As part of the London theatre carrot that might be in a place that it shouldn’t be right now I want to see as much local, new, fresh and exciting theatre as I can. With that in mind I popped off to The Intimate last night to see The Space Behind the Couch’s Out of Order. This is a two-hander written and directed by Beren Belknap (and performed by him, and teched by him) and performed by James MacGregor and Gabriel Marchand.
What happened to me last night was directly influenced by the week of pure theatre magic I have experienced in London. What happened to me broke my heart.
Beren, this is not a review of your work. This is a heartfelt response to the horrible way we are forced to make theatre in this country. And to be honest, I don’t even know where to start. When I was in London everyone referred to me as a playwright. This is a title I have never allowed myself to have, even though I have actually written quite a few plays. We all call ourselves theatre makers here. That’s because we always have to do everything. We are not really allowed to specialise, to be one thing. We can’t. Who will direct the plays if we just write them? What will we direct if we are just directors? Why does a brilliant performer like Nicola Hanekom have to write, direct and perform the things she makes? In London nobody has heard the term theatre maker.
Last night I got so angry Beren. I got angry that you have to do everything. I got depressed that you had to be a theatre maker instead of a writer, or a director, or a performer. I got sad when I thought about a process you needed and did not have the luxury of accessing. Imagine if you had had somebody older and experienced to be your mentor. Imagine if you had had the time to develop your script. Imagine if you and your actors had been able to play around for a couple of months, find things, throw things out, explore, develop the work. Imagine what could have happened then.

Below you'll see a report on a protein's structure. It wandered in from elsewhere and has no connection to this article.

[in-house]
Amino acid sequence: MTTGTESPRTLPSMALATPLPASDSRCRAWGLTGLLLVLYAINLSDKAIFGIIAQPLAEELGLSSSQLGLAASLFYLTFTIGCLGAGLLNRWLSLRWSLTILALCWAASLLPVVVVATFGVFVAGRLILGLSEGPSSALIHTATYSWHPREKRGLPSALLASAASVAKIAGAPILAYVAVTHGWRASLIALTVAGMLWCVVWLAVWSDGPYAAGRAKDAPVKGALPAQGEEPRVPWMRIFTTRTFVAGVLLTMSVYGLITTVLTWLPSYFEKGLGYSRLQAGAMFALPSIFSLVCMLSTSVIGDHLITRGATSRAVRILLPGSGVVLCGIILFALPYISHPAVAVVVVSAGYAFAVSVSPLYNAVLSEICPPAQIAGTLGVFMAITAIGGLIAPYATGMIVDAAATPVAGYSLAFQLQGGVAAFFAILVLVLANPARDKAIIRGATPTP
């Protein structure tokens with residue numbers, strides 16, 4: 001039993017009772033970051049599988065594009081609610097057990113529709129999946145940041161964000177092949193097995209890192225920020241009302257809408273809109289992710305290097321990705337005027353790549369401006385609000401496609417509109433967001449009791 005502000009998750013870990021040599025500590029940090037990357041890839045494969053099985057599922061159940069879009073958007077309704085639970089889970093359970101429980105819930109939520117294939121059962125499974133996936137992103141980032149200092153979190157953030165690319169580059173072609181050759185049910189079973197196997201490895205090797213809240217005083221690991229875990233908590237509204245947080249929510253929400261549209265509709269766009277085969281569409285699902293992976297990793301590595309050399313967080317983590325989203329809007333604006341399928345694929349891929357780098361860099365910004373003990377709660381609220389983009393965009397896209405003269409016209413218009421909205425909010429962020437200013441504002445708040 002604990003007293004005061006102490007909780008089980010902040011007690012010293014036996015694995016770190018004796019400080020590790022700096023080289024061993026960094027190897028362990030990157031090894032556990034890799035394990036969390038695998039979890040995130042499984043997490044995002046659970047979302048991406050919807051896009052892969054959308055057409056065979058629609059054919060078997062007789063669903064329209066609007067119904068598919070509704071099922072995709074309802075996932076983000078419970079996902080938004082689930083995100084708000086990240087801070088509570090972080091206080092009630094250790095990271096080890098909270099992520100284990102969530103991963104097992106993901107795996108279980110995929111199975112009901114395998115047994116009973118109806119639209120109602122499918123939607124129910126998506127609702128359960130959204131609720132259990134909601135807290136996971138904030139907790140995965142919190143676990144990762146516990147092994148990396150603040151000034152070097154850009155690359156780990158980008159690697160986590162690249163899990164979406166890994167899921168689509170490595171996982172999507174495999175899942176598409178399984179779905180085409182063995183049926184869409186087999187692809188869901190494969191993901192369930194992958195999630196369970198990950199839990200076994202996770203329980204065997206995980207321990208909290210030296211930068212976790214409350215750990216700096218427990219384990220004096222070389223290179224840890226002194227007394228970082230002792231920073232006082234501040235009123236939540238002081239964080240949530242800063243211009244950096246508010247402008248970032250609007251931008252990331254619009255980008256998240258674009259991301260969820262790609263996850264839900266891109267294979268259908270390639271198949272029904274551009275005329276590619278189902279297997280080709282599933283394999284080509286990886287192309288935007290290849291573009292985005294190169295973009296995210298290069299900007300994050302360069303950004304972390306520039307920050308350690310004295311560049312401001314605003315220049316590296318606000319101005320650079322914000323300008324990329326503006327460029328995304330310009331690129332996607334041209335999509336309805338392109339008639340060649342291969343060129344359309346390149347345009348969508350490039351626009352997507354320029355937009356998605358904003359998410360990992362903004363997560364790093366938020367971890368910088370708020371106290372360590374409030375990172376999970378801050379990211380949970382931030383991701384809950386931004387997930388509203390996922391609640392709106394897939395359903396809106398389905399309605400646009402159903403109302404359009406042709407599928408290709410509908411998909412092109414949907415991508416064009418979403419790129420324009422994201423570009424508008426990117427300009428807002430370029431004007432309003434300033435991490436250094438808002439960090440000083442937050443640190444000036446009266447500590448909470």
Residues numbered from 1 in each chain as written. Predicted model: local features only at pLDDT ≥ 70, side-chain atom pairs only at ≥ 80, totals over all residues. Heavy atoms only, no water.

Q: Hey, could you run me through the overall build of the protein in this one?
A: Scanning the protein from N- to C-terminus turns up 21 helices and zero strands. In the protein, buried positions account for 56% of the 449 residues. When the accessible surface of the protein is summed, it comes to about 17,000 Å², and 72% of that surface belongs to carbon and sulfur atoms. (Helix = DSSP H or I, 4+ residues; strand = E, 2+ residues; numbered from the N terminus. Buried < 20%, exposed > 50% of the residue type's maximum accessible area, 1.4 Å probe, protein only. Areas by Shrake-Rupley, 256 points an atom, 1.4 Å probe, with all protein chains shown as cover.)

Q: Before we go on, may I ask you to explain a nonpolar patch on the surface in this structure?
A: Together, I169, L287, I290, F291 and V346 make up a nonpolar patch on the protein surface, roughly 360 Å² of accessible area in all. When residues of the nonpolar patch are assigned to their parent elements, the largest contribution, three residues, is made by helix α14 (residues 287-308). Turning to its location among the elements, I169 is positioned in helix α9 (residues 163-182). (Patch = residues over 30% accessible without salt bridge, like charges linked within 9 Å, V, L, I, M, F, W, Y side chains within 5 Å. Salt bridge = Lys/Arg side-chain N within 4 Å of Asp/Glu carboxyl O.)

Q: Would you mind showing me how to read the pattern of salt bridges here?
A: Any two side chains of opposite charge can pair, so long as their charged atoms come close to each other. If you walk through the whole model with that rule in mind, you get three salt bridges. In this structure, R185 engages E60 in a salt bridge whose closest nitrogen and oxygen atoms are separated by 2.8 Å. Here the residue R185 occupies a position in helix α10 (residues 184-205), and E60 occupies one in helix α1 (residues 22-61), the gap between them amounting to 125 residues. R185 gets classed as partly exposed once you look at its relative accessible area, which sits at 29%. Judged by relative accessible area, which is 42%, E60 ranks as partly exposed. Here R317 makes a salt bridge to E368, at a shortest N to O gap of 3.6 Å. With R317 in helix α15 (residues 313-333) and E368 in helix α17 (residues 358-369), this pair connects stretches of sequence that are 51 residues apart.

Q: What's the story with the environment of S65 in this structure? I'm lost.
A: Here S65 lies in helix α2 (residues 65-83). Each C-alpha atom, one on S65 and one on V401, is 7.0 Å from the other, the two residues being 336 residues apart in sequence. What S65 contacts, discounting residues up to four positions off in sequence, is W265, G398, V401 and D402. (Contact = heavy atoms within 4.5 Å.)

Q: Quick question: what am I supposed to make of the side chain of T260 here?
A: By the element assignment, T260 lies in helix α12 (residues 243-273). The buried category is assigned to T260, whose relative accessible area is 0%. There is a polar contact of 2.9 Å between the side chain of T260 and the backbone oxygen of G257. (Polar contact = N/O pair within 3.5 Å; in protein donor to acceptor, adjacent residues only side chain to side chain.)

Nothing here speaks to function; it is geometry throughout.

Things happen in such a rush here, and we are in such a hurry to get things in product form, in front of a tiny audience for such short little runs. We have no time. We have no money. We have no support. We piss on our own batteries here, because there’s nowhere else to piss.
Out of Order is such a brilliant title. We are Out of Order. Our theatre is Out of Order.
So, I want to congratulate you Beren for making theatre under these conditions. You shouldn’t have to. It shouldn’t be this hard, and this thankless.
Here’s what I thought about the piece. In my opinion Out of Order is a brilliant idea, with brilliant things in it and two brilliant performers, but it is not ready. It is not a product yet. It looks like it is, because there are the fab technicals and animations and set, but it isn’t. And for me, what was a potentially coherent, hilarious and outrageous piece of historic fantasy, Goon show style, was marred by one tiny mistake that permeated the piece. This was the dumb Afrikaner. The dumb Afrikaner is a bit of a racist idea, and it needs better treatment, either from a characterisation point of view, or from a language point of view, or from an ideological point of view. I was uncomfortable that the Afrikaans character was just a dumb Afrikaner (whose actual Afrikaans was not good), and that the kommandant spoke to his men in dumb Afrikaans accented English. The English character had so much to him; he was mad, and a coward, and a traitor, and filthy mouthed. He was a character. And he spoke in his mother tongue.
There is so much that is brilliant about the notion of this piece. At a time when the Boer war offerings of Deon Opperman laud Afrikanerdom and sow division, there is huge space for a different look, a fantastical reinterpretation of it all, and one that has the hope of the message of Out of Order. What will help make the message clear is if the Afrikaans character is not simply the dumb Afrikaner, but more. Someone we care about. Someone who deserves more than an accent and silly mispronunciations.
Beren, I think you are amazing, and brave and creative and talented. I think that Out of Order deserves time, and thinking about, and a bit of process. I keep thinking about War Horse, and how its creators spent 18 months developing it. I think about your performers, who would shine so much more brightly, and confidently, with more discovery time; more rehearsal time. And I imagine you, the writer, or director, with only one job at a time, being able to pour everything into that specialist thing. I wish that for you. And for all of us damn theatre makers.